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A perfect beach-hopping cruise along the A1A

Martin County has a beach for every kind of vacationer

Beaches, like most things in this world, come in all shapes and sizes. Everyone has a different idea of what makes a beach really good, but luckily, there’s one place where you can find all different kinds of beaches in one spot: Martin County in Florida.

This stretch of A1A is home to huge beaches with kitsch galore, small and hidden coves, beachside fishing, perfect sea-shelling opportunities, shoreline wildlife preserves, and loads more.

Whether your idea of the perfect day at the beach involves people-watching and enjoying a drink while looking out at the waves, or you’d rather head off the beaten path to a quiet patch of sand where you can enjoy a long walk, there’s a beach for you. Here’s our guide to the best beaches along the A1A in Martin County.

Bob Graham Beach in Martin County, Florida.
Bob Graham Beach in Martin County, Florida. | Photo: Discover Martin County

1. Bob Graham Beach

Start off your beach cruise at the Bob Graham Beach in Stuart. It’s a total hidden gem of a spot, the kind of place you’re very likely to have all to yourself when you visit. The grassy dunes, seashell-studded stretch of sand, and blue water set a perfect scene. The quiet beach makes an ideal location for fishing or wildlife spotting, as well. It’s conveniently located a quick drive from the popular destination of Jensen Beach.

Pro tip: While there is a parking area, you won’t find lifeguards, a changing area, or restrooms, so keep that in mind when you’re planning!

Stuart Beach.
Stuart Beach. | Photo: Stuart Florida

2. Stuart Beach

Stuart Beach is located right in the town of Stuart, and makes a great stop after visiting the Elliot Museum, the Florida Oceanographic Center, or one of the many restaurants around. Free parking abounds, it’s spacious, and you’ll find amenities like lifeguards, a snack bar, showers, a playground, and bathrooms. It’s clean, with sand that’s not too rocky, and water great for surfing and fishing.

This Treasure Coast gem is the kind of beach that, anywhere else in Florida, would be teeming with tourists. Instead, it gets enough visitors that it’s well developed and has lots to do, but never feels jam-packed.

Kids walking on Santa Lucea Beach.
Kids walking on Santa Lucea Beach. | Photo: Discover Martin County

3. Santa Lucea Beach

At the southern tip of the A1A on Hutchinson Island is Santa Lucea Beach. Park at the lot, walk past the showers and stroll across the wooden boardwalk to the unguarded beach and natural area. This is prime sea-shelling and fishing territory, and the water is the perfect temperature for swimming. There are even interpretive signs with information on the history of the beach. The waves here also make for good surfing. Oh, and the beach is pet-friendly, so feel free to bring your pooch for a dip in the water as well!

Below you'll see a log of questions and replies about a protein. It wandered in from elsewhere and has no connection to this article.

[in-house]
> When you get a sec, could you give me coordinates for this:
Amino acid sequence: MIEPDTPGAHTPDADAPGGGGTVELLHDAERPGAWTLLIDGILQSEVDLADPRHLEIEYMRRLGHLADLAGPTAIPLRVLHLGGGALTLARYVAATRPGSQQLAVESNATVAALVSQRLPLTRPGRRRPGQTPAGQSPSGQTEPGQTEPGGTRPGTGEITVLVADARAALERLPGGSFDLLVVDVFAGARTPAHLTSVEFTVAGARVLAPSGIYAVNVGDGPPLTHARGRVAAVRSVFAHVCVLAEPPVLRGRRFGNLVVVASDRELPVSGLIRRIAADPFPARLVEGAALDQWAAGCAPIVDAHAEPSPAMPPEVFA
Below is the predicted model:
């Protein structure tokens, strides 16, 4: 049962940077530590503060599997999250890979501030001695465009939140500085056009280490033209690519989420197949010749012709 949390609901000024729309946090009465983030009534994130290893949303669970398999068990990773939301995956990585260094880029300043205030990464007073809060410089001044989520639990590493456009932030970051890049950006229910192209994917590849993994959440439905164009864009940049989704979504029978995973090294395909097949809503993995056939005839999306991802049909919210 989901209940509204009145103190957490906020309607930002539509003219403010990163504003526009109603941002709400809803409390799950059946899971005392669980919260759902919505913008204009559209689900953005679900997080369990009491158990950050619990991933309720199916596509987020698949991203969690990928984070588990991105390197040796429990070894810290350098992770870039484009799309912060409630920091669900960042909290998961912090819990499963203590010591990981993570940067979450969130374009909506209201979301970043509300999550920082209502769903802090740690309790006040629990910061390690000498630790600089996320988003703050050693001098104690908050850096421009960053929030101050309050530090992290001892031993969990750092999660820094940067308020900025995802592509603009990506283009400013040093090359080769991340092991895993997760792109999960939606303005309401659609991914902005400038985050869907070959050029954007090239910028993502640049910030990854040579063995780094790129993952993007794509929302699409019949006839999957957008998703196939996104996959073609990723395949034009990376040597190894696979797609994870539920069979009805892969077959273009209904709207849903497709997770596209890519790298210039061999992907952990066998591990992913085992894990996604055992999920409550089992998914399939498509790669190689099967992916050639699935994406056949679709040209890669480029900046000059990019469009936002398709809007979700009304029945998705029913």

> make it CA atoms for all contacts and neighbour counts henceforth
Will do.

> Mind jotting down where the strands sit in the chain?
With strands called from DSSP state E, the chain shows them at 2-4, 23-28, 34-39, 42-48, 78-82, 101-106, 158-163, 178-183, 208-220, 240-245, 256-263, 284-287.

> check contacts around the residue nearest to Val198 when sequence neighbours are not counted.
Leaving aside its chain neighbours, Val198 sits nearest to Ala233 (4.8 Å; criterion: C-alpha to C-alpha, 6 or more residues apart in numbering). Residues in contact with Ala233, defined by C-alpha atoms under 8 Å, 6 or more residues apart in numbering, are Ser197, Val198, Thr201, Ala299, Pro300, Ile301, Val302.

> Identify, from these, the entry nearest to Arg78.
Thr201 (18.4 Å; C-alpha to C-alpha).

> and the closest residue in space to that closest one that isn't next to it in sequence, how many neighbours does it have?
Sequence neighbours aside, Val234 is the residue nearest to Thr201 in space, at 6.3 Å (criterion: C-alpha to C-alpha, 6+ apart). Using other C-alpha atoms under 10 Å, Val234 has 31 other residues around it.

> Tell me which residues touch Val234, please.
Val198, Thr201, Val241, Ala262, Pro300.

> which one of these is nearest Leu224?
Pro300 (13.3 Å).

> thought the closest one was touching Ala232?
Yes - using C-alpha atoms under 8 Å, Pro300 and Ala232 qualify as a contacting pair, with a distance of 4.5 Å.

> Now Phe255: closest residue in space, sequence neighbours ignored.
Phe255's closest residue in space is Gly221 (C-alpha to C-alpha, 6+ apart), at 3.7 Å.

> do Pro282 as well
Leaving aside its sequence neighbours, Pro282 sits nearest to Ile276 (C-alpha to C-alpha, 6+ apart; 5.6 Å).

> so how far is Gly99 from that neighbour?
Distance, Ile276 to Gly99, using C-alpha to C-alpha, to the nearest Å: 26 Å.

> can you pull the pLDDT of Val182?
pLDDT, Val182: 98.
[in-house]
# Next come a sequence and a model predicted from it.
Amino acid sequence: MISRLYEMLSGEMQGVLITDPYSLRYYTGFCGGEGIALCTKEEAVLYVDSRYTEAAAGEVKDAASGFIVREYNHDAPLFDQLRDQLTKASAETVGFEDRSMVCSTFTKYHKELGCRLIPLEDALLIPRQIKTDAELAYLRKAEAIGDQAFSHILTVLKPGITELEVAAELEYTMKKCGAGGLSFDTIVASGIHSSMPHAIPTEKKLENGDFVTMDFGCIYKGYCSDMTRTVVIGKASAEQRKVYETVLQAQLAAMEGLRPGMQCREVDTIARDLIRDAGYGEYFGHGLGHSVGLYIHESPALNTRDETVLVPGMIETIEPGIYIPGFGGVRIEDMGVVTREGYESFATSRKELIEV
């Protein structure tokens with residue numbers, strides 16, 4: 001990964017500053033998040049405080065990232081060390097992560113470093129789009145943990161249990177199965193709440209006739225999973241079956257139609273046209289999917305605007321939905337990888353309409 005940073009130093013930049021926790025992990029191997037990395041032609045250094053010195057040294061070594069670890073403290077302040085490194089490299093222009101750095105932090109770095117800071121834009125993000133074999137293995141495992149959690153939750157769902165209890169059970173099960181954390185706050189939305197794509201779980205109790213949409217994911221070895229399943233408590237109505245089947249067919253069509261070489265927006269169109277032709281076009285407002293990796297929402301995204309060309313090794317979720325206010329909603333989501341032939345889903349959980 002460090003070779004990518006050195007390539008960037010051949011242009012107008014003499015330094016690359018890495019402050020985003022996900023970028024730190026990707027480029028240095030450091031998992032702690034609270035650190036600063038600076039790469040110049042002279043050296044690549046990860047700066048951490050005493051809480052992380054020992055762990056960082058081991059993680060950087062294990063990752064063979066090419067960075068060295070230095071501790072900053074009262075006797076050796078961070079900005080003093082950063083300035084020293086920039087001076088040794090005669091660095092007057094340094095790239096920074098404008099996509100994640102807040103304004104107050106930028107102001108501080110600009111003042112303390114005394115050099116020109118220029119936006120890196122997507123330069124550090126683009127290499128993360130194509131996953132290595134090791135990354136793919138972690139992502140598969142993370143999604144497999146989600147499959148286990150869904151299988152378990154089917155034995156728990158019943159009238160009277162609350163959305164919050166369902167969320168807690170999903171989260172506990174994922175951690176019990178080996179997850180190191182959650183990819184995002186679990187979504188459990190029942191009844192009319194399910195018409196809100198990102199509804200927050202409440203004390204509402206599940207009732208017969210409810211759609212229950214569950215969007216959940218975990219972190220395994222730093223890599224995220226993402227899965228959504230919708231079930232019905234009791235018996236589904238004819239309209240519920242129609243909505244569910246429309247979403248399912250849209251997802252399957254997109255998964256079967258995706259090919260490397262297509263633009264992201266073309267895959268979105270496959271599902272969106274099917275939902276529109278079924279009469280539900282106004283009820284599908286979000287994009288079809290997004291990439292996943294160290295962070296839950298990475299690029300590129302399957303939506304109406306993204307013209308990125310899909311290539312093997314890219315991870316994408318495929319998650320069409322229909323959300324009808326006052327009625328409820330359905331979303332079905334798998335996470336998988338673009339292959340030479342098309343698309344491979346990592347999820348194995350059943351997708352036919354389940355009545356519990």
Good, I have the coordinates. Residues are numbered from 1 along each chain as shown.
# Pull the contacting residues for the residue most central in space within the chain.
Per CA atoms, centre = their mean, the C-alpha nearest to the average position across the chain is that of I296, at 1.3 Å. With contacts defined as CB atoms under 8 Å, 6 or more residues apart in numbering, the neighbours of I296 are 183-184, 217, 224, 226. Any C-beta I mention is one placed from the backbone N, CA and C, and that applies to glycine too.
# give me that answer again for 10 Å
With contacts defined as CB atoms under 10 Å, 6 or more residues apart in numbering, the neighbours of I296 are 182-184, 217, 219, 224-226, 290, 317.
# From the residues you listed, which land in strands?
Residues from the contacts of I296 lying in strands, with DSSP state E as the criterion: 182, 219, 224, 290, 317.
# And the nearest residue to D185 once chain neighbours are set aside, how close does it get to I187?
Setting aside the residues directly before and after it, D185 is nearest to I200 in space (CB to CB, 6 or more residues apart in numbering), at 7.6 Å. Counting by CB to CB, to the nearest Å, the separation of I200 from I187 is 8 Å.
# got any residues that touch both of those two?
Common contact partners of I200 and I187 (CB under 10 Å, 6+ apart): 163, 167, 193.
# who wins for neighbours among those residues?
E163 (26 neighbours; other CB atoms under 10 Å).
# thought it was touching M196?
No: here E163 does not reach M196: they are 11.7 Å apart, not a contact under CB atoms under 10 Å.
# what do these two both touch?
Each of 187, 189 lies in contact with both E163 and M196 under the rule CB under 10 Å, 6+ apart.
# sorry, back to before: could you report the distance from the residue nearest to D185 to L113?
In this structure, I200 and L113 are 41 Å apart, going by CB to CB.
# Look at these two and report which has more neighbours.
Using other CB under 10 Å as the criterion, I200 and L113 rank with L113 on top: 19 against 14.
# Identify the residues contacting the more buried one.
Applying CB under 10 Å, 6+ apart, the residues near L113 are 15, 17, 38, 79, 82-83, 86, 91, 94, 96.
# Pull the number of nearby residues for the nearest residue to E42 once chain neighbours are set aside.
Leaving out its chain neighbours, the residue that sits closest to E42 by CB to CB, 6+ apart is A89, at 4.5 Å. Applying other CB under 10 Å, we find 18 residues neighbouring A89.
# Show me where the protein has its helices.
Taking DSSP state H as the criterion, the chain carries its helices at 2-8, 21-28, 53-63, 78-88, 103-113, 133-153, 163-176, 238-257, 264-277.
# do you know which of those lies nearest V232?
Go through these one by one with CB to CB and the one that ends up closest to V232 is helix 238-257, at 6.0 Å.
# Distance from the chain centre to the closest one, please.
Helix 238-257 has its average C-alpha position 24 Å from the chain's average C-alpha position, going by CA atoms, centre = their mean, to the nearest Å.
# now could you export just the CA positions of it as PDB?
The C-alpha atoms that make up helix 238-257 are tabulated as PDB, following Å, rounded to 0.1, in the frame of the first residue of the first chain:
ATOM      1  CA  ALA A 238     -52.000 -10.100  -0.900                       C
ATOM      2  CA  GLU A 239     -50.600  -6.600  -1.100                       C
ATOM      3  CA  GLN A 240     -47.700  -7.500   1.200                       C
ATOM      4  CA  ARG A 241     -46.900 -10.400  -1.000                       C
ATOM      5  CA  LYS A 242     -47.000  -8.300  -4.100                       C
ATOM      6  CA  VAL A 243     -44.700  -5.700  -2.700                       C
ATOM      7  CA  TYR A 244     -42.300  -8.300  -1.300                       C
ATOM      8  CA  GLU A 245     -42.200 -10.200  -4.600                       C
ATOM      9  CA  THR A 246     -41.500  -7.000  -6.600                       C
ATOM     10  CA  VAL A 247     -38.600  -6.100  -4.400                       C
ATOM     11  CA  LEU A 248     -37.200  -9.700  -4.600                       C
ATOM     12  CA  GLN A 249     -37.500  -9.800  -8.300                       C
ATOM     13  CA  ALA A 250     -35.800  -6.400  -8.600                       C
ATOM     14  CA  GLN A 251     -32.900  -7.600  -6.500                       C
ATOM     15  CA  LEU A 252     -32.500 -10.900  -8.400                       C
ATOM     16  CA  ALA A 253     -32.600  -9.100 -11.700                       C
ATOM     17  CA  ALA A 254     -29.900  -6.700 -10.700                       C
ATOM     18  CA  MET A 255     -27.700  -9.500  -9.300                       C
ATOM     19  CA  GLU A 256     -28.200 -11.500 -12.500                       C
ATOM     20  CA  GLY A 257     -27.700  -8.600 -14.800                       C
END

Fletcher Beach.
Fletcher Beach. | Photo: Discover Martin County

4. Fletcher Beach

A hop, skip, and a jump away (about 0.4 miles, if we’re being technical) is another off-the-beaten-path gem of a beach, Fletcher Beach. It’s just south of where the A1A veers back onto the Florida mainland, but it’s still well worth checking out. The water makes for great swimming, and again, surf fishing is popular here as well.

As far as amenities go, you’ll find a bathroom and parking, but no lifeguards or snacks. That’s what keeps the untouched, undeveloped atmosphere of the beach and makes it feel so secluded, though!

Ross Witham Beach.
Ross Witham Beach. | Photo: Discover Martin County

5. Ross Witham Beach

Ross Witham Beach, with limestone rocks surrounding it, has the feel of a private grotto, which make it unlike other beaches on this stretch of the Treasure Coast. If you come at high tide, you’ll see the waves crashing against the rocks!

But the limestone isn’t the only unique feature of Ross Witham. It’s also the beach closest to the Georges Valentine Underwater Archaeological Preserve. This underwater museum of sorts protects the wreck of an Italian barkentine ship called the Georges Valentine, which in 1904 ran into shallow water during a storm and sank. Seven of the 12 crewmembers were lucky enough to make it to the house of refuge located right off the shore, and five perished in the disaster. The wreck is a popular dive site to this day.

Bathtub Reef Beach Park.
Bathtub Reef Beach Park. | Photo: Shutterstock

6. Bathtub Reef Beach Park

Bathtub Reef Beach is a popular spot for visitors, especially families with kids, thanks to its calm and warm water. This is the result of a natural reef just offshore that breaks the waves and creates a “bathtub” effect. Plus, you won’t even need to swim or snorkel to be able to see the reef (although there is some stellar snorkeling here).